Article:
January 10th, 2018
Education Plan for Managing Hypoglycemia in Diabetes Mellitus
Hypoglycemia (low blood sugar/ low blood glucose) is a major risk factor in Type I diabetes mellitus (henceforth herein T1DM) and advanced cases of type II diabetes mellitus (henceforth herein (T2DM). The risk arises mainly from the use of exogenous insulin, sulfonylureas and metformin, and from an impaired glucose feedback regulatory system (Cryer, Davis & Shamoon, 2003). In T1DM, the incidence of hypoglycemia is quite high, characterized by high numbers of asymptomatic episodes in subjects attempting to maintain or improve glycemic control (Cryer, 2001; Cryer et al., 2003). Symptomatic episodes in TIDM are estimated at two episodes per week, with one temporarily disabling episode estimated to occur once in a year (Cryer et al., 2003).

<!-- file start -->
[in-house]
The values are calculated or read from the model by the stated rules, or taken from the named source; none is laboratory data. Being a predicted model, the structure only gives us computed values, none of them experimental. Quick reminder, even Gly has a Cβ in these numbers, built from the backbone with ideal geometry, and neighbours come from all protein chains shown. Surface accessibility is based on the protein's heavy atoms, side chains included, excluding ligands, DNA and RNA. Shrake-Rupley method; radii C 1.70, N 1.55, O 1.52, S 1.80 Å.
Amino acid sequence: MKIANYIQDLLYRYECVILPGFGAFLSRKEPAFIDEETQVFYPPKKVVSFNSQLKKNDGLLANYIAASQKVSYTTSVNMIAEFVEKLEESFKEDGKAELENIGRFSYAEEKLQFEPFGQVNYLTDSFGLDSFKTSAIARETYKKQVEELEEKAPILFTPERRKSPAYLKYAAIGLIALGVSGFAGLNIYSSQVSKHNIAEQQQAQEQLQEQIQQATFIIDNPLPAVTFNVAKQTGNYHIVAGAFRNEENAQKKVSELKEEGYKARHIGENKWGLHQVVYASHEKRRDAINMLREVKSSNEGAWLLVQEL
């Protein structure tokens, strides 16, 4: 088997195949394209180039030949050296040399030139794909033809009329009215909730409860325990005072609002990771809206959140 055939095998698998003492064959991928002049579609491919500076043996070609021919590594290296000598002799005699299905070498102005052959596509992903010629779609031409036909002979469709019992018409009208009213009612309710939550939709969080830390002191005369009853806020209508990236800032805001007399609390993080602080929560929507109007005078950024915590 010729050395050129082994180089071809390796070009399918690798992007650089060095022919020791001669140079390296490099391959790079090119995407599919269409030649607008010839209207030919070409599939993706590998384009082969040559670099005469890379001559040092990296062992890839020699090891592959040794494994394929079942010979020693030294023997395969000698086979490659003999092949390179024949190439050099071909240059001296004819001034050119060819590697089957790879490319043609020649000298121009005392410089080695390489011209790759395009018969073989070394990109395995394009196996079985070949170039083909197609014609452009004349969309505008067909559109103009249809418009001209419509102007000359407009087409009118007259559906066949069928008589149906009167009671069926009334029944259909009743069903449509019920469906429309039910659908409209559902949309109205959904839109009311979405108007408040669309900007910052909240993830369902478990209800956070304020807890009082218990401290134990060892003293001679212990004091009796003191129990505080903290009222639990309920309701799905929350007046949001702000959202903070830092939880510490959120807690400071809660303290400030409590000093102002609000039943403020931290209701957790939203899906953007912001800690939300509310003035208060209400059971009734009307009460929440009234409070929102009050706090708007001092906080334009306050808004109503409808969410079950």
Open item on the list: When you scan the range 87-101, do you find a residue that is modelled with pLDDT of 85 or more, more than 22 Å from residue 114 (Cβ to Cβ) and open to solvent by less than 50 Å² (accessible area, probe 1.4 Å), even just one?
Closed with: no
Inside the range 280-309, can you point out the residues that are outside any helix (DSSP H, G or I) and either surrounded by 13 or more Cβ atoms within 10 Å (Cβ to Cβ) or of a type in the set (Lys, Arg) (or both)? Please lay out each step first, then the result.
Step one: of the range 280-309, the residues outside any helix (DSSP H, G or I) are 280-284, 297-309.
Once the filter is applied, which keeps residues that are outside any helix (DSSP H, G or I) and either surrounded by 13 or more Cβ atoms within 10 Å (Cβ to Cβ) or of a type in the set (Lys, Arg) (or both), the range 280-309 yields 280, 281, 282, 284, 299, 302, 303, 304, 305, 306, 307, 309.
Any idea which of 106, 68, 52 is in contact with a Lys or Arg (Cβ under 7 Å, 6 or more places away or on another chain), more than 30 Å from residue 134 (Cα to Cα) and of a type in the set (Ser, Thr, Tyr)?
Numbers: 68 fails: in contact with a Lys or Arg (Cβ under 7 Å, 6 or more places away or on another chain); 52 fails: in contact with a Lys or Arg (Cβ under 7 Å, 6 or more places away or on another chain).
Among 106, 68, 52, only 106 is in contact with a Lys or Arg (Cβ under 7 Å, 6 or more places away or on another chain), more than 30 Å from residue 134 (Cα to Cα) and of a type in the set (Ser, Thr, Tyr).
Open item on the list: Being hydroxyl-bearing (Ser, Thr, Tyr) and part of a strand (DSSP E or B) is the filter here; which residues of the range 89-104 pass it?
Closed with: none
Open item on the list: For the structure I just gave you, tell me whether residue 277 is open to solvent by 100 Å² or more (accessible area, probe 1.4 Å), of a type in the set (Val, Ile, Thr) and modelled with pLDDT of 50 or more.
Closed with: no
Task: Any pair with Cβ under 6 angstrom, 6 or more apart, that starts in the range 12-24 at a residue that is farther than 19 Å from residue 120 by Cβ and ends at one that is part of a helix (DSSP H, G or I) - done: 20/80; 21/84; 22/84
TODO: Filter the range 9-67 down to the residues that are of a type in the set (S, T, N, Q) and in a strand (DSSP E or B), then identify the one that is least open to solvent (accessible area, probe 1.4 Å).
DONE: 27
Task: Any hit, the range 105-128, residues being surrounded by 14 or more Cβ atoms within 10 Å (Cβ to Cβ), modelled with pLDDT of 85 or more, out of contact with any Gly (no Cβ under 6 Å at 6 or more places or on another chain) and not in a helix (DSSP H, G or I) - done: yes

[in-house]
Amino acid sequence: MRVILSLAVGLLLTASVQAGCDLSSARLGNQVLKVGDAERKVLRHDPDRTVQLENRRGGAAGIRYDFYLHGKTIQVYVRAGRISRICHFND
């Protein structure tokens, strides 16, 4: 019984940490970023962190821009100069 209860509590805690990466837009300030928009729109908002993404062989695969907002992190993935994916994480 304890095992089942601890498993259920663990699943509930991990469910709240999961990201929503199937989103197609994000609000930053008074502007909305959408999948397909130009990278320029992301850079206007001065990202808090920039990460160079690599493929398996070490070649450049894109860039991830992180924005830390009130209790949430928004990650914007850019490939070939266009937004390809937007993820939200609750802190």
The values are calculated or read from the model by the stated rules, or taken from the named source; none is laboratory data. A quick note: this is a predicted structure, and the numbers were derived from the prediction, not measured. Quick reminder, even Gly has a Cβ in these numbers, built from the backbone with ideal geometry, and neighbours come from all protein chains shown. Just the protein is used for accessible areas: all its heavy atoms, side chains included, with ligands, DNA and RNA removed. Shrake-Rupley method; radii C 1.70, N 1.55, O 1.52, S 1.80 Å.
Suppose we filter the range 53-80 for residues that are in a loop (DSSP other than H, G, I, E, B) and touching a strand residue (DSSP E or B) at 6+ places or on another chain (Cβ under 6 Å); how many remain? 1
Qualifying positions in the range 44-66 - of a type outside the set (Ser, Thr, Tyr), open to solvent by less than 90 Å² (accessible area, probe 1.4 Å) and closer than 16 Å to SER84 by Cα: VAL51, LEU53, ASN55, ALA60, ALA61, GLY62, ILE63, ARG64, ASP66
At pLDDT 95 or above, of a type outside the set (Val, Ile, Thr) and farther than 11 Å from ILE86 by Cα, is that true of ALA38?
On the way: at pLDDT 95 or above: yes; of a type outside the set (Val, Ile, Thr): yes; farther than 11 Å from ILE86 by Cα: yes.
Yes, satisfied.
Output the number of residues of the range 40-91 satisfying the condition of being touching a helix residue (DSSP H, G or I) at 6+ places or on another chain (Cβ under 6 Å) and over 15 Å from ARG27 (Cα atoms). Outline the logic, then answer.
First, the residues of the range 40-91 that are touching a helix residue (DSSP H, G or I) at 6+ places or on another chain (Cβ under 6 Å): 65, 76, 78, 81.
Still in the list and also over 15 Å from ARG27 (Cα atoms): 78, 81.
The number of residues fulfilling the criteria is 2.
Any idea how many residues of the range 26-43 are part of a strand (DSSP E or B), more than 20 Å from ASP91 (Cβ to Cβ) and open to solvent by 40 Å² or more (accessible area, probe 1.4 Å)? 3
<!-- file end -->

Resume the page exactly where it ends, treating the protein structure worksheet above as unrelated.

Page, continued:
In T2DM, hypoglycemia cases are low in earlier stages probably out of an intact glucose feedback-control system at such stages (Cryer 2002). However, as progressive insulin deficiency result into exogenous insulin administration, hypoglycemia cases in these subjects also increase (Cryer et al., 2003). Further, despite the lower hypoglycemia cases in type II diabetes, the physical and psychosocial adverse outcomes of such cases are similar to those of type I diabetes(Cryer et al., 2003). Combined, the two cases thus present a challenge to effective management of diabetes. Patient education is one way through which the hypoglycemia cases in diabetics can be reduced (Boyle & Zrebiec, 2007a). The purpose of this paper is therefore to present an educational plan for self-management of hypoglycemia in T1DM and advanced T2DM subjects after discharge from hospital. Go to part 2 here.